By Wrangler News Staff
District I supervisor Jack Sellers, a former Chandler councilmember, may be a relative newcomer to the Maricopa County Board of Supervisors, but there’s nothing new about his advocacy for the rights of voters.
The board, of which Sellers has been a member since replacing Denny Barney in February, took action on June 26 to enhance the way county elections are run in the nation’s fastest-growing county.
The board approved the final, amended recommendations of a countywide election work group, following high-level, bipartisan conversations over the past several months.
The vote signals a unified effort between the Board, the Recorder, the Elections Department and executive county leadership to help ensure integrity of voting in the 2020 elections and beyond.
“Our ability to vote needs to be non-partisan; it’s a right and responsibility for all of us,” said Sellers.
“I’ve been impressed with the efforts of all the parties involved to find consensus in moving us forward with technology and a structure, focused on the voter, to ensure that our elections are efficient, transparent and fair.”
The Board’s unanimous action means:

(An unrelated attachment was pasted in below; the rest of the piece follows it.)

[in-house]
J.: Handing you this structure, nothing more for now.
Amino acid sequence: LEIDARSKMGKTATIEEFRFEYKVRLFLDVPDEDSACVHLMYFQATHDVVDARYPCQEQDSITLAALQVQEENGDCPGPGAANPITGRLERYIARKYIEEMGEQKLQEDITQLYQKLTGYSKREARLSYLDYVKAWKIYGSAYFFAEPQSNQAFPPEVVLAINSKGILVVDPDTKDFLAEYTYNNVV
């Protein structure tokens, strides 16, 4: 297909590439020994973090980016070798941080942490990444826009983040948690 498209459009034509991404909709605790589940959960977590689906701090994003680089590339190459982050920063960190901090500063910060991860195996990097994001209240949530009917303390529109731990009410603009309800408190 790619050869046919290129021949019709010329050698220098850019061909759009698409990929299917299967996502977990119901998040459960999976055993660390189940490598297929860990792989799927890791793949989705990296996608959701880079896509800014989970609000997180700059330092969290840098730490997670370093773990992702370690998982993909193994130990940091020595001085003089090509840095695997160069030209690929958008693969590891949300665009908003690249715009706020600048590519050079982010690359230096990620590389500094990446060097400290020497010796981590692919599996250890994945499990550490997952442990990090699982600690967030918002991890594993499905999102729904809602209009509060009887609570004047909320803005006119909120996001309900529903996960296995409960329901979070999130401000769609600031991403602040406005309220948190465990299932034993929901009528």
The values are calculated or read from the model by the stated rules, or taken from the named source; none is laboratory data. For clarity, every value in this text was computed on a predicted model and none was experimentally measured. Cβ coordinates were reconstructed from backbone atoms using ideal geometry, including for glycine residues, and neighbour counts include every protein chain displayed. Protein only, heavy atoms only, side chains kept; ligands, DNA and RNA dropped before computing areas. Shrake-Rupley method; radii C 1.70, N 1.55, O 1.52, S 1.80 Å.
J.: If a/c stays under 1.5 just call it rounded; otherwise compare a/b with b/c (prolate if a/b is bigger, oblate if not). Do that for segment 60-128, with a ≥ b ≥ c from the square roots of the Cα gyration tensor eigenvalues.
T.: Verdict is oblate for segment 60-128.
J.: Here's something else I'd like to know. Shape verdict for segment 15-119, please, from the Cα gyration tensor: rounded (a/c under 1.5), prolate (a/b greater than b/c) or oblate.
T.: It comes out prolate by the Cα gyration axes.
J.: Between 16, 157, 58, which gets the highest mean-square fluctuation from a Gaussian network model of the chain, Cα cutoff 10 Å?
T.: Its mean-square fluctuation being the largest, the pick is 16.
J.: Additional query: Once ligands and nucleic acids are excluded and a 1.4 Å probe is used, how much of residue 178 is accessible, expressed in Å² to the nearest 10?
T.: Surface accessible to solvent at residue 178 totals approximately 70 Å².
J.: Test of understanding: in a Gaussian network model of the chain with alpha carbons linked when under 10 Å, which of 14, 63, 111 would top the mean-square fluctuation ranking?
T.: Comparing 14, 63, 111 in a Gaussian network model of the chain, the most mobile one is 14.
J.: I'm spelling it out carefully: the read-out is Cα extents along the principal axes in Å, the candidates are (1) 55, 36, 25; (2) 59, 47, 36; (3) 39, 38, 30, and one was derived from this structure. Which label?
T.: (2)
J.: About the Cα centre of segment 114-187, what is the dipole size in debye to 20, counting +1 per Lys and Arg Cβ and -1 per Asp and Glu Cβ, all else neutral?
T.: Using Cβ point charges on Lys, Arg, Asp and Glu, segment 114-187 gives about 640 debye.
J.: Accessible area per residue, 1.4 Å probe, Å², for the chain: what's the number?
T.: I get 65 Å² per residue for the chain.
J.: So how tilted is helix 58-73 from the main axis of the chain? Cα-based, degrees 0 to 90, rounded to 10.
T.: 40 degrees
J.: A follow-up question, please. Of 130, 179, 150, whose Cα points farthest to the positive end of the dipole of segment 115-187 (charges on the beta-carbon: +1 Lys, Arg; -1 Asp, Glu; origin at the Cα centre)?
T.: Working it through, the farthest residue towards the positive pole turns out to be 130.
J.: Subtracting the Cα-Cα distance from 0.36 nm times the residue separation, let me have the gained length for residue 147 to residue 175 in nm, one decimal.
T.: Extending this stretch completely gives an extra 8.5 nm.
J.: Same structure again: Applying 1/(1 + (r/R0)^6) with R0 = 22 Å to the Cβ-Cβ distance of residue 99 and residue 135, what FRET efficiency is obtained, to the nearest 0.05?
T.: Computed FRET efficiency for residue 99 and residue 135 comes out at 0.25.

- Better vote tabulation: Maricopa County will acquire new vote tabulation machines that protect the integrity and security of each ballot while also counting ballots more quickly.
- Additional elections staff: The county is in the process of completing an independent, staffing analysis to determine additional Elections Department personnel required to support a successful election season.
- New executive structure: The Elections Director position will become two director-level positions so both the Recorder and the Board will have a “point person” inside the Elections Department. One director will have oversight of the assigned statutory responsibilities of the Recorder. The other will have oversight of the assigned statutory responsibilities of the Board.
In January, the Board of Supervisors directed the county manager to form a work group made up of Recorder’s Office leadership and county administrative leadership to look at countywide election processes and other recommendations regarding three specific areas: staffing, technology and organizational structure.
The 10-member work group focused on how to improve outcomes for voters while maintaining the efficiencies of the current system. They also were mindful of how any recommended changes would impact the 2020 elections calendar. You can read the group’s final list of recommendations on the county’s 2019 Elections Review Project website.
In Arizona, counties run most elections, including elections for national offices such as President and Congress. State law divides responsibilities between each county’s Recorder, Board of Supervisors, and to a lesser extent, Clerk of the Board.